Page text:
Sunday, August 8, 2010

Bring water into climate negotiations

IPS: Longer periods of drought, decreased river flow, higher rainfall variability and lower soil moisture content: water is at the heart of the impacts of climate change. Yet the precious commodity scarcely features in climate negotiations. Three hundred million Africans lack access to clean water; 500 million lack access to proper sanitation, according to Bai-Mass Taal, Executive Secretary from the African Ministers’ Council on Water.

"Lack of water security will be exacerbated by climate change, which directly threatens food security," says Dr Ania Grobicki, head of the Global Water Partnership (GWP). Yet there is no focus on water in climate change negotiations under the United Nations Framework Convention on Climate Change.

"There is no United Nations agency for water, and there's no international convention regulating water resource management and there is no water focus under the UNFCCC," says Grobicki. "Water also evaporated from the text of the Copenhagen Accord."

Grobicki and her colleagues argue for a focus on adaptation measures on the ground. Rehabilitation and maintenance of existing infrastructure is one place to start. "With our local partners, we cleaned up a water course that was polluted by waste water from a sugar cane plantation in Swaziland," says Alex Simalabwi from GWP's Partnership for Africa's Water Development project. "As a result 10,000 smallholder farmers have access to clean water."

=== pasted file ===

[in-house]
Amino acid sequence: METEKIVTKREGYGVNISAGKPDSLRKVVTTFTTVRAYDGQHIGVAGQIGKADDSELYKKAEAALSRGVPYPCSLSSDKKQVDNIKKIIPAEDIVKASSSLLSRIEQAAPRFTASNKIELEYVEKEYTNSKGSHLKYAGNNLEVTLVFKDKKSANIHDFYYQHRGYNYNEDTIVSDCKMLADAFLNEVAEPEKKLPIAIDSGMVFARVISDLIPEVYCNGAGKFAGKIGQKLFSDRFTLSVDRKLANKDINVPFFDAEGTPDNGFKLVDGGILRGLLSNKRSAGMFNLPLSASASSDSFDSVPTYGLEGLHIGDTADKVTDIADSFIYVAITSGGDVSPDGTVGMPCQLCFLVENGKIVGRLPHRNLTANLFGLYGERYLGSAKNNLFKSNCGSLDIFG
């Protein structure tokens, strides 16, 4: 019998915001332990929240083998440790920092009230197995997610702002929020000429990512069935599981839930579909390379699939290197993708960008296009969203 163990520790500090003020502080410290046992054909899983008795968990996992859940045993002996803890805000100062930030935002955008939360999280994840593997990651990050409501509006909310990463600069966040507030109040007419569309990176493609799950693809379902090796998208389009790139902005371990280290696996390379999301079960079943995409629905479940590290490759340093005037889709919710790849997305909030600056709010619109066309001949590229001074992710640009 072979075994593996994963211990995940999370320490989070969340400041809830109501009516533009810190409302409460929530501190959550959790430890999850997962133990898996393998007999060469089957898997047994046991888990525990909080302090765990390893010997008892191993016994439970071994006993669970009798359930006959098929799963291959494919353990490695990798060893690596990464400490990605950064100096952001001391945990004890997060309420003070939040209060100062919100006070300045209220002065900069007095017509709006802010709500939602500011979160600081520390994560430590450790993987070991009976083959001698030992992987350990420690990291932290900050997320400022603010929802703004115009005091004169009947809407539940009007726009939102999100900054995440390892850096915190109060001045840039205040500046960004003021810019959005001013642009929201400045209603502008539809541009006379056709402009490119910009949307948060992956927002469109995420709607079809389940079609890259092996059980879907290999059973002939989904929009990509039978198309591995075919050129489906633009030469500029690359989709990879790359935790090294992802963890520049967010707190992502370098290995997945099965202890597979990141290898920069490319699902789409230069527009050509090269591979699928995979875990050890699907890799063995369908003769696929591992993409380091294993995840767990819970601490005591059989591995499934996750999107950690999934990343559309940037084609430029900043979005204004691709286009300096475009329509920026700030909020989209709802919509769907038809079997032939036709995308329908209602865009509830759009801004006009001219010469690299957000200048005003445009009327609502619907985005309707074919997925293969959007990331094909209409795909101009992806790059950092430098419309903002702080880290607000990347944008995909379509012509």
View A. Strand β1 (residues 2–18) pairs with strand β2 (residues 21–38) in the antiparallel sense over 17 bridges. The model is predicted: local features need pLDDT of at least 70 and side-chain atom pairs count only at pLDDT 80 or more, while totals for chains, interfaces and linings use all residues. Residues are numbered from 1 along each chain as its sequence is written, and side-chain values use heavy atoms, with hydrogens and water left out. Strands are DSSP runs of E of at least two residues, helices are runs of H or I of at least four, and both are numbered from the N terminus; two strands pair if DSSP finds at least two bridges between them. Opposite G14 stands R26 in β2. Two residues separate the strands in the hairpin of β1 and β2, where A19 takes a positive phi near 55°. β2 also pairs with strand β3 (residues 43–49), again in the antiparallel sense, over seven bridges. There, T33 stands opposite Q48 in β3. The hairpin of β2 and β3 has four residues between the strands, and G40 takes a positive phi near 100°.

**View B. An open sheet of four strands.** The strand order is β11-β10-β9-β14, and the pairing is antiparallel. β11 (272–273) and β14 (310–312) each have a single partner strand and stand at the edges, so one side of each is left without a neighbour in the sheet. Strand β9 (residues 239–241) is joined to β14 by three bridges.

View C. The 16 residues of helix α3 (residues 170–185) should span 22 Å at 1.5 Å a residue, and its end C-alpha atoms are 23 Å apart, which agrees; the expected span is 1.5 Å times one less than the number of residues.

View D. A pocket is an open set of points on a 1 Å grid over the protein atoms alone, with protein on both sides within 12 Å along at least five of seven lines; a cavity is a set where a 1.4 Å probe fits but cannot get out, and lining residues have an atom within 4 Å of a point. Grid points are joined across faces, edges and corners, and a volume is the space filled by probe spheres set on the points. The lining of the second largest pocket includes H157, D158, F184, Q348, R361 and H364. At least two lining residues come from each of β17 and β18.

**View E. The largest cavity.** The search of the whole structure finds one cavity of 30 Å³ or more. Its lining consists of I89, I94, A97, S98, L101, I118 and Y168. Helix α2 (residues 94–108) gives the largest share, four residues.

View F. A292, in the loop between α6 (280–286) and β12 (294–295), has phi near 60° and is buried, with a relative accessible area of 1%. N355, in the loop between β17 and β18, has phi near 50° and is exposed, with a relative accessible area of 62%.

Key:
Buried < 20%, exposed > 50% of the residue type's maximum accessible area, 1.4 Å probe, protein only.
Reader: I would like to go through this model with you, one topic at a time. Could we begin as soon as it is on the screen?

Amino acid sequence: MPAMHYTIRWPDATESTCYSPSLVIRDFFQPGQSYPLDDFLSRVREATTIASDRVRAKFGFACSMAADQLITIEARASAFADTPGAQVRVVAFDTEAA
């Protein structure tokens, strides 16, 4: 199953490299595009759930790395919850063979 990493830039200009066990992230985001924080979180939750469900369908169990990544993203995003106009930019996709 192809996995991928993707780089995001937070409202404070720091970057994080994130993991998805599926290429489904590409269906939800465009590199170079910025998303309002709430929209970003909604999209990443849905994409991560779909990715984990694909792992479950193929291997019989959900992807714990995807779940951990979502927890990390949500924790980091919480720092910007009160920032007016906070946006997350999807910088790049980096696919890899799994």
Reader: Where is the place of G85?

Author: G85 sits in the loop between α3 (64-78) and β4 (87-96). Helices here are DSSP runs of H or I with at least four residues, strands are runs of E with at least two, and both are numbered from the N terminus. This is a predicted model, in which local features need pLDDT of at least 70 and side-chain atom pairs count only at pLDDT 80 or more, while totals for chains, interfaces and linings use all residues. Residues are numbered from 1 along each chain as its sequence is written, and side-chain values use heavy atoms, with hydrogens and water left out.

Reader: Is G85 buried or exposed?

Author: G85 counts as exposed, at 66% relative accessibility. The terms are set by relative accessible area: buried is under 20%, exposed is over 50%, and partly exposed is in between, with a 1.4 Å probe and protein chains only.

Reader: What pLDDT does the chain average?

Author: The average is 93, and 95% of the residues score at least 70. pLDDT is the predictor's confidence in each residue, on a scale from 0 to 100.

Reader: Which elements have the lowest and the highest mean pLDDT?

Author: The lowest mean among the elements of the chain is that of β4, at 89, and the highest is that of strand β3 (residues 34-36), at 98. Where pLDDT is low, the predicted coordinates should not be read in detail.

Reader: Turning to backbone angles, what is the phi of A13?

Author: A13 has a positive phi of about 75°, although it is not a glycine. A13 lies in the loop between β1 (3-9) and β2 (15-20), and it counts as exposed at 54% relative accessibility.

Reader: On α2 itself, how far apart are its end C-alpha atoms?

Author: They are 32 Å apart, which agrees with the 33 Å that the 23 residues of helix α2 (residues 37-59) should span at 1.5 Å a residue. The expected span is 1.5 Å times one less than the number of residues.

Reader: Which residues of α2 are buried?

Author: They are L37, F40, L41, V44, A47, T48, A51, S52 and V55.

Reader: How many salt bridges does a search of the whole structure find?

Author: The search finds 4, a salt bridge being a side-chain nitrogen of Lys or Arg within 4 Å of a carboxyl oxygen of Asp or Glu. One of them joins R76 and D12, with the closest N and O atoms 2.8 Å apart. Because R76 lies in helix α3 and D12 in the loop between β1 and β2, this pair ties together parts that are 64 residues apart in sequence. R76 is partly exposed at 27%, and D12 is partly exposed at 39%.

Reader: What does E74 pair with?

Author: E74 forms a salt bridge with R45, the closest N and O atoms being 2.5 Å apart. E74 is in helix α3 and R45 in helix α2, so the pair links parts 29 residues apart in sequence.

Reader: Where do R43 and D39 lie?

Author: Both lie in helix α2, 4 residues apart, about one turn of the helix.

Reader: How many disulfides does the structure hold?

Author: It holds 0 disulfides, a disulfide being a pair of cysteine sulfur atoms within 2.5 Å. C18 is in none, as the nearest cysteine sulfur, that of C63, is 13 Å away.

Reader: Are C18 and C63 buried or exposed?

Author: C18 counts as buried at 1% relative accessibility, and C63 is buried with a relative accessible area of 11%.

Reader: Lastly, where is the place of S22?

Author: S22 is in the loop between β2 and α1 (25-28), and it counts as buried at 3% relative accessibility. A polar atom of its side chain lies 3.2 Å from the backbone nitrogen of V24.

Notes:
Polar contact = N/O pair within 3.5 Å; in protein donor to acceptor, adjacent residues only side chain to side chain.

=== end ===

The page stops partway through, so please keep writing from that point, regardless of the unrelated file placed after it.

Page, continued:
Burkina Faso, where 80 percent of the population depends on agriculture for a living, has invested in the construction of more than 1,500 small dams since 1998. These reservoirs - built at relatively low-cost, often with local communities contributing labour to their construction - are a vital protection against drought.

Most African agriculture is rain-fed, says Grobicki. "As climate variability increases and temperatures rise, water security drops radically. Dams ensure water is available throughout the year."…

A lake drying up in Burkina Faso, shot by Martin Wegmann, Wikimedia Commons, under the Creative Commons Attribution-Share Alike 2.0 Germany license.

1 comment:

snoring solutions said...

I read your post and understand the problem of African's.Grobicki and her colleagues do a great job and this is very helpful and useful to the African's.Thanks for your greatfull job.I appreciate your work.